SEC. 2. That for the purpose of occupying and holding the country aforesaid, and of affording protection to the inhabitants under the authority of the United States, the President may employ such parts of the military and naval force of the United States as he may deem necessary.
SEC. 3. That for defraying the necessary expenses, one hundred thousand dollars are hereby appropriated, to be paid out of any moneys in the Treasury not otherwise appropriated, and to be applied for the purposes aforesaid under the direction of the President.
SEC. 4. That until further provision shall be made by Congress, the President shall be, and he hereby is, empowered to establish, within the country he may acquire by this act, a temporary government, the civil and military authorities of which shall be vested in such person and persons as he may appoint and be exercised in such manner as he may direct: Provided, That he shall take due care for the preservation of social order and for securing to the inhabitants the enjoyment of their personal rights, their religion, and their property: And provided also, That the section of country herein designated, that is situated to the eastward of the river Perdido, may be the subject of further negotiation.
(Ex. Jour., vol. 2, pp. 292, 293.)
(See as above.]
January 19, 1813. As to expediency of taking possession of east Florida, Mr. Anderson reported the following resolutions:
Resolved, That the President be, and he hereby is, authorized to occupy and hold all that tract of country called west Florida which lies west of the river Perdido not now in the possession of the United States.
SEC. 2. That the President be, and he is hereby, authorized to occupy and hold all that part of west Florida east of the Perdido, and the whole or any part of east Florida, including Amelia Island.
SEC. 3. That for the purpose of occupying and holding the country aforesaid and of affording protection to the inhabitants thereof, under the authority of the United States, the President may employ such parts of the military and naval force of the United States as he may deem necessary. SEC. 4. That for defraying the necessary expenses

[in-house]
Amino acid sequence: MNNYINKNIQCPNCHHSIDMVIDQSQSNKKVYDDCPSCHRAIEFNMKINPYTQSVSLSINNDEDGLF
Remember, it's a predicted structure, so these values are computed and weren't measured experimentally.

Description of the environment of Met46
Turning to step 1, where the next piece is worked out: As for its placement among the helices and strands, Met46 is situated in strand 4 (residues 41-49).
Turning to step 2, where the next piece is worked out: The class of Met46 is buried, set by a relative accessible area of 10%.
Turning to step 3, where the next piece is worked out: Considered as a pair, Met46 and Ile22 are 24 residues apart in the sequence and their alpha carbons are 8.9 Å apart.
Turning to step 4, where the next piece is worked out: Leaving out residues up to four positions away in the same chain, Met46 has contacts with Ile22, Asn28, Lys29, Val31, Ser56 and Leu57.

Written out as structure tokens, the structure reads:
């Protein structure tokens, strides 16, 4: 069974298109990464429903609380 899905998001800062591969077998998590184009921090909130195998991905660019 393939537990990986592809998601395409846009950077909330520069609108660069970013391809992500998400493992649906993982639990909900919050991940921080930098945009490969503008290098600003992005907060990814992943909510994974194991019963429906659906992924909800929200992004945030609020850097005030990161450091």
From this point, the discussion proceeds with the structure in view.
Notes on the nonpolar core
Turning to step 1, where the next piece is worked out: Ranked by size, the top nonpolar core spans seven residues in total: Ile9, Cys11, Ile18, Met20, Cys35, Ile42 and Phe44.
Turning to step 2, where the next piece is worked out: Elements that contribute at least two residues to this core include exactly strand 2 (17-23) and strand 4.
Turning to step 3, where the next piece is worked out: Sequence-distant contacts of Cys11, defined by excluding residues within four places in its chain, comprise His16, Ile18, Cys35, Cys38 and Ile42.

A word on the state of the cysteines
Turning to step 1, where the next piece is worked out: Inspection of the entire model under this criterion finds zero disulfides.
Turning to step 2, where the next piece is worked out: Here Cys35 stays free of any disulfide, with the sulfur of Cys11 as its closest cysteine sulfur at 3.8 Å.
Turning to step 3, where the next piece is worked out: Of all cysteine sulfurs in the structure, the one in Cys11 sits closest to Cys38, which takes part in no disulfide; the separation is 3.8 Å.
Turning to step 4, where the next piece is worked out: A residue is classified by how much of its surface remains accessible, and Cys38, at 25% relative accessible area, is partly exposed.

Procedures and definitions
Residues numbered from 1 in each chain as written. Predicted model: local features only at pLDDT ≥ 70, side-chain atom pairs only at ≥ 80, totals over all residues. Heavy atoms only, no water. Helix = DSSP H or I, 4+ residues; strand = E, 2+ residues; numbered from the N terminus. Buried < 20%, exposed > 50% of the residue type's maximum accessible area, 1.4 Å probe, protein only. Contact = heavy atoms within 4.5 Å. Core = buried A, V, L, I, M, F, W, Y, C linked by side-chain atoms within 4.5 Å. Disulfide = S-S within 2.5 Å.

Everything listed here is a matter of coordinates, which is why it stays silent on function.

dollars are hereby appropriated, to be paid out of any moneys in the Treasury not otherwise appropriated, and to be applied for the purposes aforesaid, under the direction of the President.
SEC. 5. That until further provision shall be made by Congress the President shall be, and hereby is, empowered to establish within the country he may acquire by this act a temporary government, the civil and military authorities of which shall be vested in such person and persons as he may appoint and be exercised in such manner as he may direct: Provided, That he shall take due care for the preservation of social order and for securing to the inhabitants the enjoyment of their personal rights, their religion, and their property: And provided also, That the section of country herein designated that is situated east of the river Perdido may be the subject of future negotiation.
(Ex. Jour., vol. 2, pp. 336, 337, 338.)
[See pp. 5, 15, 18, 19.]
February 2, 1813. On the message from the President as to relations with foreign powers, Mr. Campbell, of Tennessee, reported as follows: A BILL vesting in the President the power of retaliation in the cases therein
specified. That if any citizen of the United States in the military service of the United States or of any individual State, or serving on board any public ship of war or any private armed vessel commissioned for war, has been or shall be subjected to capital or other punishment by order of the British Government or of any court, officer, or agent acting under its authority, on the pretense of his having been born within the British Dominions, or on any pretense whatever not warranted by the laws and usages of war among civilized nations, it shall be lawful for the President of the United States, and he is hereby empowered and required, in every such case to cause retaliation by a like punishment to be executed on some person taken in arms in the service of Great Britain against the United States, designating for that purpose, on the first instance, a prisoner who, having been born within the United States and having been a citizen thereof, shall have been taken while voluntarily bearing arms in the service of Great Britain against the United States; or, if there shall be no prisoner of that description, such other prisoner, being a native of some one of the British colonies, now the United States, as may not have been a citizen of the United States; and in case there shall be no prisoner of
S. Doc. 231, pt 6-2